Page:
wards that he hadn't struck him as offensively forward: "Do you want very much to come?"
"Can you doubt it, after such a description of what I shall hear?" Pemberton replied. Yet he didn't want to come at all; he was coming because he had to go somewhere, thanks to the collapse of his fortune at the end of a year abroad, spent on the system of putting his tiny patrimony into a single full wave of experience. He had had his full wave, but he couldn't pay his hotel bill. Moreover, he had caught in the boy's eyes the glimpse of a far-off appeal.
"Well, I'll do the best I can for you," said Morgan; with which he turned away again. He passed out of one of the long windows; Pemberton saw him go and lean on the parapet of the terrace. He remained there while the young man took leave of his mother, who, on Pemberton's looking as if he expected a farewell from him, interposed with: "Leave him, leave him; he's so strange!" Pemberton suspected she was afraid of something he might say. "He's a genius—you'll love him," she added. "He's much the most interesting person in the family." And before he could invent some civility to oppose to this, she wound up with: "But we're all good, you know!"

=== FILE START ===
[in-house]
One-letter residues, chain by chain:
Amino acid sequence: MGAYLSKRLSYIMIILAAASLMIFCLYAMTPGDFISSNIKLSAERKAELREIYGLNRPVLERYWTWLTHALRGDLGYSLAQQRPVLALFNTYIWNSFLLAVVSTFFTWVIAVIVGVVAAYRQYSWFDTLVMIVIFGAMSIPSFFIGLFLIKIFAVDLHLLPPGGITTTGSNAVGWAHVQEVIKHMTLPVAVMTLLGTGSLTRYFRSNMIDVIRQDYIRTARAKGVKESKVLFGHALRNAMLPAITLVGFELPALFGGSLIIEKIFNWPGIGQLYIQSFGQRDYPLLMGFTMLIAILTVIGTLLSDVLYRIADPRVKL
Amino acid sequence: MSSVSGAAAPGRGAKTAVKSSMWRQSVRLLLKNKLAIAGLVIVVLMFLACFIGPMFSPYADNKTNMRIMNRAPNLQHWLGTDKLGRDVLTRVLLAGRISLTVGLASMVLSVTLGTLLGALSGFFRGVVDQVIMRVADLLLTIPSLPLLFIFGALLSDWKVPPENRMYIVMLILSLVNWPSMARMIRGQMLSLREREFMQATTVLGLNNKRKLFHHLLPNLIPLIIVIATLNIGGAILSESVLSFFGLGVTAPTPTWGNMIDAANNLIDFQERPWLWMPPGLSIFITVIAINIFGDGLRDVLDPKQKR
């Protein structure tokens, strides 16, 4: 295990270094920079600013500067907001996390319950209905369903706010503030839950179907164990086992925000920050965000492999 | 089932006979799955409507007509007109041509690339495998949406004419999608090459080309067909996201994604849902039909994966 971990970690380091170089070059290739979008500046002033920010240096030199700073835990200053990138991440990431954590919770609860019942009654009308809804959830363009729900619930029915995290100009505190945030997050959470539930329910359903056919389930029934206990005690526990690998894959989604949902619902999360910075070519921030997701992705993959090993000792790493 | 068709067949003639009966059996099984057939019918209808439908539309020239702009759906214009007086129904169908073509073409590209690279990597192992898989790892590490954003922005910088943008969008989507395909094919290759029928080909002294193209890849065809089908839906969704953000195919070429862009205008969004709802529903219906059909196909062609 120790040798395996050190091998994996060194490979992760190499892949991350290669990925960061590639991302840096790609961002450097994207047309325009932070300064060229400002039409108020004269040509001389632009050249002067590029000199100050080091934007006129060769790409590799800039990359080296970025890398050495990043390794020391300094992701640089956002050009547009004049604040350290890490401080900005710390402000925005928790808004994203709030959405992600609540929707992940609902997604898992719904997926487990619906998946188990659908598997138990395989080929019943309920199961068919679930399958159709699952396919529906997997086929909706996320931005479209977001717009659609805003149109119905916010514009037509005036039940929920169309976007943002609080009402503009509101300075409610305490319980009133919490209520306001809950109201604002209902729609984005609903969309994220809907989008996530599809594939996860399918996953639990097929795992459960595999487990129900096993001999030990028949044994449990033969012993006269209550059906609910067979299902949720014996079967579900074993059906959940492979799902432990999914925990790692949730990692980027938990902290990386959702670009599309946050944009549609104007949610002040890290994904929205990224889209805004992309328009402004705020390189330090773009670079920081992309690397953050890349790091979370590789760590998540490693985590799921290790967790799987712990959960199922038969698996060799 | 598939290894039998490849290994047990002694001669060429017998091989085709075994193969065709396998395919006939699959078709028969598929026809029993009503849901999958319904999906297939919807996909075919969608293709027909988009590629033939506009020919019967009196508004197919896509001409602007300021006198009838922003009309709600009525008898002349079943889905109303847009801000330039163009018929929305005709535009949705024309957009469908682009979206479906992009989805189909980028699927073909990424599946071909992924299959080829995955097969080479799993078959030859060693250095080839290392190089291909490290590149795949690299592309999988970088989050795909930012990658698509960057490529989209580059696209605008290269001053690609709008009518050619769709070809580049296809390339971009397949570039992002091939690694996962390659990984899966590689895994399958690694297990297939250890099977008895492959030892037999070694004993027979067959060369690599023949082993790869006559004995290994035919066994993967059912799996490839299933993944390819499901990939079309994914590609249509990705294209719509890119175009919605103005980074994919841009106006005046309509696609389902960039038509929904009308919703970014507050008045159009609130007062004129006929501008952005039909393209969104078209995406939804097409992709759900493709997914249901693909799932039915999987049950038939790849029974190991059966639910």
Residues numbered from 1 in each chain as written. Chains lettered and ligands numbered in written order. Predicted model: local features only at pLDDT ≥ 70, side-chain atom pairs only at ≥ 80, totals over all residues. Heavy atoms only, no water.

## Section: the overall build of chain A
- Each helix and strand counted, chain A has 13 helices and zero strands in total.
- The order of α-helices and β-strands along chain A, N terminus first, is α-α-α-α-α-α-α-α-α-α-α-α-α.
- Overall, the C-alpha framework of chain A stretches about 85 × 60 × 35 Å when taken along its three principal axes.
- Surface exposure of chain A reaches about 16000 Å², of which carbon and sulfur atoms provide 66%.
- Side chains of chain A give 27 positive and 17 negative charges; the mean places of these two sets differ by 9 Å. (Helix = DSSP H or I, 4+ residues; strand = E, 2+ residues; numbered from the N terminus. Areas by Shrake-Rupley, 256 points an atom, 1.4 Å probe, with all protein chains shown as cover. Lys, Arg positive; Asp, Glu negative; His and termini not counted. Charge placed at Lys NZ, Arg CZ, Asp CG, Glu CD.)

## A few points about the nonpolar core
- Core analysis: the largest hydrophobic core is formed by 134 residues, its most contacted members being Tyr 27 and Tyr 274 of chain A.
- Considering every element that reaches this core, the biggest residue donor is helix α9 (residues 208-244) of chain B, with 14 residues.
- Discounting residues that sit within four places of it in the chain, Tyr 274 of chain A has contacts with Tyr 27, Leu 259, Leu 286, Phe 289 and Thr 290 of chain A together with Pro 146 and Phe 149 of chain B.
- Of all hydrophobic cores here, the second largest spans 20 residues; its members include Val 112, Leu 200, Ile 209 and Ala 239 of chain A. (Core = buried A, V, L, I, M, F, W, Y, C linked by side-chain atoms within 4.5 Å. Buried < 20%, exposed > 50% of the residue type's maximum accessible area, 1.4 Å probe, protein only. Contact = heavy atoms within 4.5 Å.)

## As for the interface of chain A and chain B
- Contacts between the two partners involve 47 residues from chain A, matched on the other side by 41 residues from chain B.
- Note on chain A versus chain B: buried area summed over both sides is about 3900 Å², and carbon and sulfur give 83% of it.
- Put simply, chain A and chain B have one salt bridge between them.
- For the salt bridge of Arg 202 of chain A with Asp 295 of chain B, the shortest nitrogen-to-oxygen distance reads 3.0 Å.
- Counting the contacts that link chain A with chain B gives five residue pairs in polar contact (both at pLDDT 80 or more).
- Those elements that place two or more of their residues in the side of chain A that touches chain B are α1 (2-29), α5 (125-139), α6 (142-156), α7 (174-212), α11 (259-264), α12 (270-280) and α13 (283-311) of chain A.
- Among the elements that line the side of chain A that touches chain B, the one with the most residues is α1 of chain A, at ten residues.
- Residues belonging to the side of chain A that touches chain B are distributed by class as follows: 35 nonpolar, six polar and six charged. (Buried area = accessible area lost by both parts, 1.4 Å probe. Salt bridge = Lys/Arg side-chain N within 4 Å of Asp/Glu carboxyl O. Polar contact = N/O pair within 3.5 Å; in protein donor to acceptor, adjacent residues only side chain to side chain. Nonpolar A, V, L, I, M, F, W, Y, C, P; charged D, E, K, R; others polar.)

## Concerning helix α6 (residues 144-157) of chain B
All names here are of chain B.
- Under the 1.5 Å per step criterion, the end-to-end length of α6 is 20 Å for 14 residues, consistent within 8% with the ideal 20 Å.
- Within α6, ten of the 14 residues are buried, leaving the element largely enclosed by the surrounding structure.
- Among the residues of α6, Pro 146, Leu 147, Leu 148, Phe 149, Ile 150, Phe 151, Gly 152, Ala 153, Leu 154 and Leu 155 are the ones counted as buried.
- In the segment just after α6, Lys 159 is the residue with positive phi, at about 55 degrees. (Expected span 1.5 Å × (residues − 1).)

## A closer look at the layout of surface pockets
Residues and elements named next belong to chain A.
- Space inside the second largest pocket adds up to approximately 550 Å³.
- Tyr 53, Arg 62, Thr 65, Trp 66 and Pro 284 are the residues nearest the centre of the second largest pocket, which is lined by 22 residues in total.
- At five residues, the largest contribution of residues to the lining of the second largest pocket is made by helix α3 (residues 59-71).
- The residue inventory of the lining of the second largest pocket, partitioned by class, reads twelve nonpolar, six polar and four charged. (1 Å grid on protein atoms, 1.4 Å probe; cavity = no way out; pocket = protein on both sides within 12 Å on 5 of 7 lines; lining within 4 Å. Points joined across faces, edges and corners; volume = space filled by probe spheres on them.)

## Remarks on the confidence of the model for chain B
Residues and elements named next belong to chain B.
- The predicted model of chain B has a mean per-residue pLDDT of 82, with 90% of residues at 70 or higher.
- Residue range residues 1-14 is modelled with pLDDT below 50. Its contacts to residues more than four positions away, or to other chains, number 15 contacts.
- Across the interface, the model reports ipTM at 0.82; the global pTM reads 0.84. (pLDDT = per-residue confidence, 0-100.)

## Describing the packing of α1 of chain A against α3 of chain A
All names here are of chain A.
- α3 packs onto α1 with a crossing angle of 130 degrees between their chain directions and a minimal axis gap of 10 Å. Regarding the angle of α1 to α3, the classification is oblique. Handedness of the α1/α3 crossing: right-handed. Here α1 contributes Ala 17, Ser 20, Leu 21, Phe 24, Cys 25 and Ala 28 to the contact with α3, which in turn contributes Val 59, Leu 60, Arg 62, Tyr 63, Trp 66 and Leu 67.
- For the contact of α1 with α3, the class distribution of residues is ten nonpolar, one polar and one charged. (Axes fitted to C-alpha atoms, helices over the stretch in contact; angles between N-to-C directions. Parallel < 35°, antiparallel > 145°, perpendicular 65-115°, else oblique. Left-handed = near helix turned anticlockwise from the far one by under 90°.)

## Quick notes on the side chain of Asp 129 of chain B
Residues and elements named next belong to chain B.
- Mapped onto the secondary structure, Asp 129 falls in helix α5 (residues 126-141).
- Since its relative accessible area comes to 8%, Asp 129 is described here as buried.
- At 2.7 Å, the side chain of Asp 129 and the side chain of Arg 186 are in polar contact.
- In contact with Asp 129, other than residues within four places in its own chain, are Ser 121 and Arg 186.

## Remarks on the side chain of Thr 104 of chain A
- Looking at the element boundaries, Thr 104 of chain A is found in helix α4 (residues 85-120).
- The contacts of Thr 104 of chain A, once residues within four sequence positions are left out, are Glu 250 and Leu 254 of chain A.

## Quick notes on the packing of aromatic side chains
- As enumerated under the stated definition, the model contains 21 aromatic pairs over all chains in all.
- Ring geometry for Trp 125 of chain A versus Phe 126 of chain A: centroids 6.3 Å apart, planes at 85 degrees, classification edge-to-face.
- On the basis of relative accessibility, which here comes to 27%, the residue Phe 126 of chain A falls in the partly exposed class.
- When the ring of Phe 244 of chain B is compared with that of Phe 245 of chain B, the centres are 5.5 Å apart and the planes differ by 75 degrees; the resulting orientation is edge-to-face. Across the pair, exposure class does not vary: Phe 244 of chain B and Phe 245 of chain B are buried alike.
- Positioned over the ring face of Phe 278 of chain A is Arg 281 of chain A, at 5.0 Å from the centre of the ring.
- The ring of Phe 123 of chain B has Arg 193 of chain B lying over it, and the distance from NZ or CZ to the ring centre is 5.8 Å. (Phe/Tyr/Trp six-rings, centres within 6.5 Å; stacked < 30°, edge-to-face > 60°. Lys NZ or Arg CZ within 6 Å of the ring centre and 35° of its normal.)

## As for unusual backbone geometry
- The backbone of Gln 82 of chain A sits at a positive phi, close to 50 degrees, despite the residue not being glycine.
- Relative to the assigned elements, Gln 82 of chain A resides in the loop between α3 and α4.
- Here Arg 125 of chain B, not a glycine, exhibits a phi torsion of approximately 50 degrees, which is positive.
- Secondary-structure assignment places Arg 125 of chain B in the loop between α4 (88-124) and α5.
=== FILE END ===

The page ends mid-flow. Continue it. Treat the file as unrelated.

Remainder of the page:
"He's a genius—you'll love him!" were words that recurred to Pemberton before the Friday, suggesting, among other things that geniuses were not invariably lovable. However, it was all the better if there was an element that would make tutorship absorbing: he had perhaps taken too much for granted that it would be dreary. As he left the villa after his interview, he looked up at the balcony and saw the child leaning over it. "We shall have great lurks!" he called up.
Morgan hesitated a moment; then he answered, laugh-